In early December 2012, Freeport-McMoRan (NYSE:FCX) unveiled a bold move to buy not one but two oil and gas businesses, agreeing to pay roughly $20 billion in a combination of cash, stock, and the assumption of debt for Plains Exploration & Production and McMoRan Exploration. Doing so would give the copper and gold miner a diverse set of long-life assets that were generating robust cash flow and had attractive growth prospects.
But the real driving force behind Freeport-McMoRan's acquisition was a desire to take advantage of low borrowing rates so it could capture the upside it saw ahead for commodity prices. That's evident from the following comments from CEO Richard Adkerson in the press release announcing the deal: "We anticipate that attractive debt financing markets and our strong balance sheet will allow us to finance a significant portion of the transaction using low-cost debt and enable FCX shareholders to retain the significant value we see in our existing asset base, while enhancing future value-generation opportunities."
In fact, Freeport-McMoRan had already lined up $9.5 billion in financing to complete the transaction, which would saddle the pro forma company with $20 billion of debt. However, it was comfortable with that level of leverage because the combined business would generate $9 billion of operating cash flow given where commodity prices were at the time, enabling it to quickly de-lever. Or so it thought.
It all came crashing down so quickly
When Freeport-McMoRan announced the deal, oil was over $100 a barrel and natural gas was at $4.50 per million British thermal units. Meanwhile, both copper and gold were riding high at $3.50 per pound and $1,500 per ounce, respectively. However, those prices started crashing within a year of the mid-2013 close of these transactions, which unraveled the company's plans to de-lever the balance sheet.
By early 2015, the company started taking aggressive actions to defer or delay capital spending and other costs so it could maintain its financial strength and flexibility in the face of the sharp drop in oil prices. In fact, the company initiated efforts to raise third-party funding to help finance a portion of its oil and gas drilling budget. Those efforts, however, proved unsuccessful, leading the company to explore an IPO of its oil and gas unit in mid-2015 as it searched for ways to raise cash for capex. Before the end of that year, the company would sell $2 billion of its equity at the parent-company level in a highly dilutive offering, suspend its dividend, and cut spending to the bare bones so it could stay afloat.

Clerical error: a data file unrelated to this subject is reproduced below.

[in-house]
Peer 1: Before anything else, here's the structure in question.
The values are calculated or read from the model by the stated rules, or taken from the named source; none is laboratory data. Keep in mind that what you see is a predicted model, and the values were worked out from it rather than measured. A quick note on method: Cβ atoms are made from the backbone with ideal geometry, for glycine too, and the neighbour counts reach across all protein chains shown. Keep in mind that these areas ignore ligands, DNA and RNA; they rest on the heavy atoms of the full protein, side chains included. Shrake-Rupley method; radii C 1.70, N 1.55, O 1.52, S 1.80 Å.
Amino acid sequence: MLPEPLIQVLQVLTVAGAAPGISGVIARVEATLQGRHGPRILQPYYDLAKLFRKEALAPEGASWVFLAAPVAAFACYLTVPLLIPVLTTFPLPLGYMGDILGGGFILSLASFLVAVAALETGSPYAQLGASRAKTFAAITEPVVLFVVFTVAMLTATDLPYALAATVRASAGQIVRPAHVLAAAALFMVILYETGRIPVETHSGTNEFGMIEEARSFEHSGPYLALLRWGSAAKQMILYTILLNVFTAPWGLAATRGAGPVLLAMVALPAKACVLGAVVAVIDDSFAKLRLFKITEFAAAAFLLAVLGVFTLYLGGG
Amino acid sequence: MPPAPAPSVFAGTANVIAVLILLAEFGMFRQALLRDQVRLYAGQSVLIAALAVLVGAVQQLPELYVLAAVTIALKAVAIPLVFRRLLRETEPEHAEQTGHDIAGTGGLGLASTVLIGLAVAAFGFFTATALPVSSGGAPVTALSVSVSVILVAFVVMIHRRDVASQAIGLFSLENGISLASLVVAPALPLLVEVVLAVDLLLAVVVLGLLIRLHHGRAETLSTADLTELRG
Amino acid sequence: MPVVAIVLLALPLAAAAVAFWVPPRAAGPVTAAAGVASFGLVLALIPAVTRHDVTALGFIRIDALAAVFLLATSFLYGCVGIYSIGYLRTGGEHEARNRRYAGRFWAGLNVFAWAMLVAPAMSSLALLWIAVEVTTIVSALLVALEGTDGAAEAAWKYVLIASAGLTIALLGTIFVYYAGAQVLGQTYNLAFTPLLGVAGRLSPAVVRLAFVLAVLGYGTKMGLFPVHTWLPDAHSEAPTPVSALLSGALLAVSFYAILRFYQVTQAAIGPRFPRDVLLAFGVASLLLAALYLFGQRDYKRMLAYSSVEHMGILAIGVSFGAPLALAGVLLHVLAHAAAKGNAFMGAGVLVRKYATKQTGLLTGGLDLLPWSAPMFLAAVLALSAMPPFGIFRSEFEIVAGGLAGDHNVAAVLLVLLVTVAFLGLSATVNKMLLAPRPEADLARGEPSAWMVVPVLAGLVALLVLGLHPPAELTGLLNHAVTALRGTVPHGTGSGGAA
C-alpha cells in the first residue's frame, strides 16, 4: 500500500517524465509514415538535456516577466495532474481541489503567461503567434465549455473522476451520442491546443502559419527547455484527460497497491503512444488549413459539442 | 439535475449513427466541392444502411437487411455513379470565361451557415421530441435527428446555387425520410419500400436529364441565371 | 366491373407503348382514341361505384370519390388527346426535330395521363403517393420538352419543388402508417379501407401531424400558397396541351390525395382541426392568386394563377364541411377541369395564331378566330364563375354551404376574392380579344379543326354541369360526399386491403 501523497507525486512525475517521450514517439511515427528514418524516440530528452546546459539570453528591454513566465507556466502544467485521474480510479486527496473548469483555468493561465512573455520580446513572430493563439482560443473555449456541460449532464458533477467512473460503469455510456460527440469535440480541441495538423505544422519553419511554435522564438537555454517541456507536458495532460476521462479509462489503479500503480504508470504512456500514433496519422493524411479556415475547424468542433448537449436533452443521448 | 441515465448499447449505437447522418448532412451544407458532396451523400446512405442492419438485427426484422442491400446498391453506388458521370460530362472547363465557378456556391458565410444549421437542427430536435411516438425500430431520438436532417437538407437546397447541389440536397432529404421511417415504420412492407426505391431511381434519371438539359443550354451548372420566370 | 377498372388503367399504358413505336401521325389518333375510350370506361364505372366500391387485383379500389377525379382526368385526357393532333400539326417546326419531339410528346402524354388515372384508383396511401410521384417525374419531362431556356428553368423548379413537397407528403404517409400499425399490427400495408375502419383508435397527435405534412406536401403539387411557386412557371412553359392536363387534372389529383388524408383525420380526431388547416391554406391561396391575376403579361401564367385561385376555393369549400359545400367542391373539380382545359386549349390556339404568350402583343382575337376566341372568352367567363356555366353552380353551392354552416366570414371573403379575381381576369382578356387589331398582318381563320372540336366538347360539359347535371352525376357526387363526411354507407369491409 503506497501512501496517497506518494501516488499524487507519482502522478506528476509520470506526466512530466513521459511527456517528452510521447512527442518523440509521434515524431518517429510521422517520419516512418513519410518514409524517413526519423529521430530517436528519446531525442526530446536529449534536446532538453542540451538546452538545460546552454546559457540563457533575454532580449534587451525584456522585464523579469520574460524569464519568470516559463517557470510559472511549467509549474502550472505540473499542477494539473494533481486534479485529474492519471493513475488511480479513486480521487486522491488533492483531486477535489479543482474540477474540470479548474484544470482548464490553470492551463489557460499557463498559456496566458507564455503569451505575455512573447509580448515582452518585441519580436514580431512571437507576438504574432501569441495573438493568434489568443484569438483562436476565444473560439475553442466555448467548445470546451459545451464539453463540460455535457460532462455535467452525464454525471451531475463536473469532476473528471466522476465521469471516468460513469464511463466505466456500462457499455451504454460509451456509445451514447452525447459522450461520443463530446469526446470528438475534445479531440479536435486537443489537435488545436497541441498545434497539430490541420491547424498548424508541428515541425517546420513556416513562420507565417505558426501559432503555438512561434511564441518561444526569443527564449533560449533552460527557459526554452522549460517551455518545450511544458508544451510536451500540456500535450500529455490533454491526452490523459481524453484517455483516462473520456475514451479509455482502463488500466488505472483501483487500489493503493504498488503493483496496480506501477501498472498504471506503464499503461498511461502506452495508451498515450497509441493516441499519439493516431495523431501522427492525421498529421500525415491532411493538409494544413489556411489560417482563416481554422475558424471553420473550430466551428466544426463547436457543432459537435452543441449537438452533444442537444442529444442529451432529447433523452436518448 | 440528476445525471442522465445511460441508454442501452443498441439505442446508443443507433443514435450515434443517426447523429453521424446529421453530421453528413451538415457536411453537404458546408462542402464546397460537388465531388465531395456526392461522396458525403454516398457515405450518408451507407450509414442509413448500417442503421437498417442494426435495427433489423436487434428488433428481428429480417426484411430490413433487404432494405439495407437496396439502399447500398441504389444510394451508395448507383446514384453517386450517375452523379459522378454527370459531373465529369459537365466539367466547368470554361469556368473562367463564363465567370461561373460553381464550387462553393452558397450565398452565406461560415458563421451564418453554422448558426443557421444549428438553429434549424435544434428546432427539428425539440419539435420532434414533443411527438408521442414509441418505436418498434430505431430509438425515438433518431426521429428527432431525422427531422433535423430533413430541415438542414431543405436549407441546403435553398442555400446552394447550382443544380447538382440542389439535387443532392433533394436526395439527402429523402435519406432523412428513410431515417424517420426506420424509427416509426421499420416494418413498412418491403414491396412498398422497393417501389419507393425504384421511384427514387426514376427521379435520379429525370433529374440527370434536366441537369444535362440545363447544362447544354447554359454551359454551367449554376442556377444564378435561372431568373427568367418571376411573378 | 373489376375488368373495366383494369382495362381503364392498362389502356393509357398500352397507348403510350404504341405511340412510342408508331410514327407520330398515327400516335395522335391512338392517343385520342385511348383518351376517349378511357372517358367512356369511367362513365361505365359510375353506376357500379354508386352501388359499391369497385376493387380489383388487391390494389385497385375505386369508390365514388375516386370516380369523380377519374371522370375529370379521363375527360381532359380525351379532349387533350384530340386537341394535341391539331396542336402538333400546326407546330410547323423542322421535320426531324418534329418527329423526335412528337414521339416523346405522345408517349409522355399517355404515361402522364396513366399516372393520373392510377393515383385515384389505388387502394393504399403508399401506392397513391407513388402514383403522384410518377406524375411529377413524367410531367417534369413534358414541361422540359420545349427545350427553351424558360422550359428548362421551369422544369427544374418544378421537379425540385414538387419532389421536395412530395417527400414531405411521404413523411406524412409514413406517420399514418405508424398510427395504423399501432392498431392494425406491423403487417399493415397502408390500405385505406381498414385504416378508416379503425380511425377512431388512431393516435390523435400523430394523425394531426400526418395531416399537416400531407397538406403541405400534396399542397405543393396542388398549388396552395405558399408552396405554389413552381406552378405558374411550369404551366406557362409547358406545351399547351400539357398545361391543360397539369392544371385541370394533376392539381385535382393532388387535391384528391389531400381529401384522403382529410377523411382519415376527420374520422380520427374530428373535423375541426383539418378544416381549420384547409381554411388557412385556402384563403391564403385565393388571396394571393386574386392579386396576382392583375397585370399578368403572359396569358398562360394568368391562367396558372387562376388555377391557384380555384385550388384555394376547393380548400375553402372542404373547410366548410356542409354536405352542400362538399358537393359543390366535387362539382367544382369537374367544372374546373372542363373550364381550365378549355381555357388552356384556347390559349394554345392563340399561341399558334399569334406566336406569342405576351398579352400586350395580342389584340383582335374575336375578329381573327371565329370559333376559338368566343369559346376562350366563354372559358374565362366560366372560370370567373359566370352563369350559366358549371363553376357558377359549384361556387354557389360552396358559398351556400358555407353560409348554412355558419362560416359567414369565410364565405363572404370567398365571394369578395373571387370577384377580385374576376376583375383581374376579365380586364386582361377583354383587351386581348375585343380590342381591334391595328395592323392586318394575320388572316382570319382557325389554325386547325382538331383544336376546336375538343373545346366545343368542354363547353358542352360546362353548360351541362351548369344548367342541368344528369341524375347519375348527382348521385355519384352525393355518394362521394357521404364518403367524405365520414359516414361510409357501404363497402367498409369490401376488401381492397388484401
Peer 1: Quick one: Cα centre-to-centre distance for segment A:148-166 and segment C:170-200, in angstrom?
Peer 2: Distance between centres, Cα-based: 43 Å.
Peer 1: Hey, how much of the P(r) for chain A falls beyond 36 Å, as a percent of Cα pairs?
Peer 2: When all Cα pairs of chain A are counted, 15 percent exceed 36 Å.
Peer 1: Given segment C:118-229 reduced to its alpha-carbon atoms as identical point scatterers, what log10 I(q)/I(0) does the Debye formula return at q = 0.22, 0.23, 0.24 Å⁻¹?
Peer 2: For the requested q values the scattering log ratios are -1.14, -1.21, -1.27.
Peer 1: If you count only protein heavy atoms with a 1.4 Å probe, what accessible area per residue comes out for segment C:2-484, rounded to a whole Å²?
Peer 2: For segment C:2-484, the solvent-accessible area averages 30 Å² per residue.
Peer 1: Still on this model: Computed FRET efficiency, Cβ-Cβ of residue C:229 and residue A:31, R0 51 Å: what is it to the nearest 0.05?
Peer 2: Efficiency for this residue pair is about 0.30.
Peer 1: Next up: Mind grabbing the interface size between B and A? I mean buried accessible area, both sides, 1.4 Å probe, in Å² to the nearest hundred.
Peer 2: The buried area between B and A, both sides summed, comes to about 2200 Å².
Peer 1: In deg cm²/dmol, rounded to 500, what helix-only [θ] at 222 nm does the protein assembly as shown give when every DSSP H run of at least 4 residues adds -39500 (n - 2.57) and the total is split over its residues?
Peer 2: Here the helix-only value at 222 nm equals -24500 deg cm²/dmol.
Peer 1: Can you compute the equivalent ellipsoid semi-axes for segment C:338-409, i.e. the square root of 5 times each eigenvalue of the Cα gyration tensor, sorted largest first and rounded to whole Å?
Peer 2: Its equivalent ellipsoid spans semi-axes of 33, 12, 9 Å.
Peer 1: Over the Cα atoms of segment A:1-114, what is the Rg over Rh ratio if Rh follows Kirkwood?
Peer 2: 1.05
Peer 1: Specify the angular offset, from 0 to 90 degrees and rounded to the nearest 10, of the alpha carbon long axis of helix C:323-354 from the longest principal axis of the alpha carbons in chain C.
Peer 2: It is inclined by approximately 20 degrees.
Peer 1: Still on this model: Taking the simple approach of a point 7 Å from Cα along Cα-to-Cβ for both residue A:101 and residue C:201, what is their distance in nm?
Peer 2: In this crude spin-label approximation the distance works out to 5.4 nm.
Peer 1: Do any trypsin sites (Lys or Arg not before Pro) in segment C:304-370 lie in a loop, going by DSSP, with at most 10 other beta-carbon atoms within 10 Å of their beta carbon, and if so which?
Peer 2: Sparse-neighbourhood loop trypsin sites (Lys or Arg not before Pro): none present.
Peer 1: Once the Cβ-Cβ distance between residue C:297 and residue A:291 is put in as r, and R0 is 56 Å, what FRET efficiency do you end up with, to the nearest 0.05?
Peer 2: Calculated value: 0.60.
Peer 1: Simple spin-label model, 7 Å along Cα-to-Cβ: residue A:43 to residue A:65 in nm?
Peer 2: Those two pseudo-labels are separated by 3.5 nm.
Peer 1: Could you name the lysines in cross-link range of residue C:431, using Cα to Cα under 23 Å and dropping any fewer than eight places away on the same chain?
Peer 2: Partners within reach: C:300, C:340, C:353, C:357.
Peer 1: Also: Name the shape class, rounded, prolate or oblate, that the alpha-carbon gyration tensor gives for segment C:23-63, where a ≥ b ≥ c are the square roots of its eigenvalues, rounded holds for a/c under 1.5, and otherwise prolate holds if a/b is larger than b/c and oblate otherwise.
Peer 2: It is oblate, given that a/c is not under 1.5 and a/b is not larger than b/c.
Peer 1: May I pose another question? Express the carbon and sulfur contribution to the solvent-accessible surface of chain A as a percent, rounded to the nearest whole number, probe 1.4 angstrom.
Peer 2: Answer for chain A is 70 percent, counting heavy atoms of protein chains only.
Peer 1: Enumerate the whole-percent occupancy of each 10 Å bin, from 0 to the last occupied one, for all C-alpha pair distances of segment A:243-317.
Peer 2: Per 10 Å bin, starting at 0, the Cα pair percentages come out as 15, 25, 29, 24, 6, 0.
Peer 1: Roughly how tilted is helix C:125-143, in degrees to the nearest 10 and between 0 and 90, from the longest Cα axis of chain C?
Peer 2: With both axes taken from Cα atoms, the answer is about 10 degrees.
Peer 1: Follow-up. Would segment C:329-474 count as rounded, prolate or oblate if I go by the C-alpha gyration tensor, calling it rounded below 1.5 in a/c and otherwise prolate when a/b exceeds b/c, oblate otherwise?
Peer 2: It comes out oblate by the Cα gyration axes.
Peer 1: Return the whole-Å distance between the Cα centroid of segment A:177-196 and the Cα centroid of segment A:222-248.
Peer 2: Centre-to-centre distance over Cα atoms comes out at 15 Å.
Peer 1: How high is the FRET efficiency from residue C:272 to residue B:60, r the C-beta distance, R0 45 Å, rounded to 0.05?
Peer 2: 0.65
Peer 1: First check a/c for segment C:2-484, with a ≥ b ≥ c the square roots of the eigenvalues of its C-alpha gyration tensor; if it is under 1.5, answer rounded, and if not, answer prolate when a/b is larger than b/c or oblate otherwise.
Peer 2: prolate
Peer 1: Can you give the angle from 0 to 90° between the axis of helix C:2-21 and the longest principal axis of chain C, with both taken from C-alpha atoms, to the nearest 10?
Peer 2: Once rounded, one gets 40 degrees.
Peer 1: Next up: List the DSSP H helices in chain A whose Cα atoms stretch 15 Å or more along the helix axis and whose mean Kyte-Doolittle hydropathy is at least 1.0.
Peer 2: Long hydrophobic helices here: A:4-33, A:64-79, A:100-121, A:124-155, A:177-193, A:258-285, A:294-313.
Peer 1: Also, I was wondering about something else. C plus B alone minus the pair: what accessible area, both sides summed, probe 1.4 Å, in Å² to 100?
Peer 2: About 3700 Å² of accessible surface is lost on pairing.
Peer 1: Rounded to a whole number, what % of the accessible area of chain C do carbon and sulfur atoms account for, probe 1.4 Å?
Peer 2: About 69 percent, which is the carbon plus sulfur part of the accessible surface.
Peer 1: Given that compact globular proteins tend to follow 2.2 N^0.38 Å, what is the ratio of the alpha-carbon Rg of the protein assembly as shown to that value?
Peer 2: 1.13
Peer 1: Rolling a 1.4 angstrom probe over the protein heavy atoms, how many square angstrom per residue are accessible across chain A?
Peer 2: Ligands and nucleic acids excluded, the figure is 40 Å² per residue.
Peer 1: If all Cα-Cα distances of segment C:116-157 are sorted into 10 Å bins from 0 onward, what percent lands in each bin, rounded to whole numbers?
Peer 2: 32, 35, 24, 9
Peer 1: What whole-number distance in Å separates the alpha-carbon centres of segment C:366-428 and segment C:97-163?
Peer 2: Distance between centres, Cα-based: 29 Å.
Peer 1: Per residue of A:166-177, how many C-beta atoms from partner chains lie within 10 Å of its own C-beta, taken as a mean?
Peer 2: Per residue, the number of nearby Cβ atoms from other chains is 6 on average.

Unwinding the damage
By the beginning of last year, the company stated that its "clear and immediate objective is to restore FCX's balance sheet." That would lead the company to complete a series of asset sales to shore up its financial situation, including gutting its oil and gas business.
The biggest sale was its properties in the Gulf of Mexico, which it unloaded in a deal with Anadarko Petroleum (NYSE:APC) for $2 billion in cash and up to $150 million in future contingent payments. To put that price into perspective, just two years prior, Freeport-McMoRan spent $1.4 billion to acquire additional oil and gas assets in the Gulf from Apache (NYSE:APA). That's on top of the $321 million it spent to acquire more leases from the government in 2014 and the billions more it invested in capex to develop its assets in the Gulf, not to mention what it paid for its initial position in the Gulf. That's a sickening amount of shareholder value going up in flames, while Anadarko got a steal of a deal at Freeport's expense.
Freeport-McMoRan has realized some additional value from the business over the years outside the declining cash flow it generated. For example, in 2014 it sold its Eagle Ford Shale assets to Encana (NYSE:ECA) for $3.1 billion. The company would use half of the proceeds from the Encana deal to pay down debt while using the other half to buy those GOM assets from Apache. Meanwhile, the company recently jettisoned its onshore oil and gas properties in California to a private buyer for $720 million.
Still, even when adding in those sales, Freeport-McMoRan has brought in only about $4.4 billion for assets it was so keen on acquiring in 2012. While it still has some properties left, the company has basically incinerated most of the roughly $20 billion it paid for these businesses in 2012. Meanwhile, despite all the asset sales, equity issuances, and other efforts to shore up its balance sheet, the company still had $15.4 billion of debt on its balance sheet at the end of the first quarter.
Don't always believe the M&A hype
It's hard to believe that Freeport-McMoRan would make such a poor decision and take on an enormous pile of debt to acquire companies with direct exposure to volatile commodity prices. It's a gamble that had a high probability of failing, since it would have only paid off if prices remained high. This debacle should serve as a reminder to investors that they should remain skeptical when companies with exposure to commodity prices pile on debt to make a large transaction. More often than not, these purchases incinerate shareholder value rather than creating more.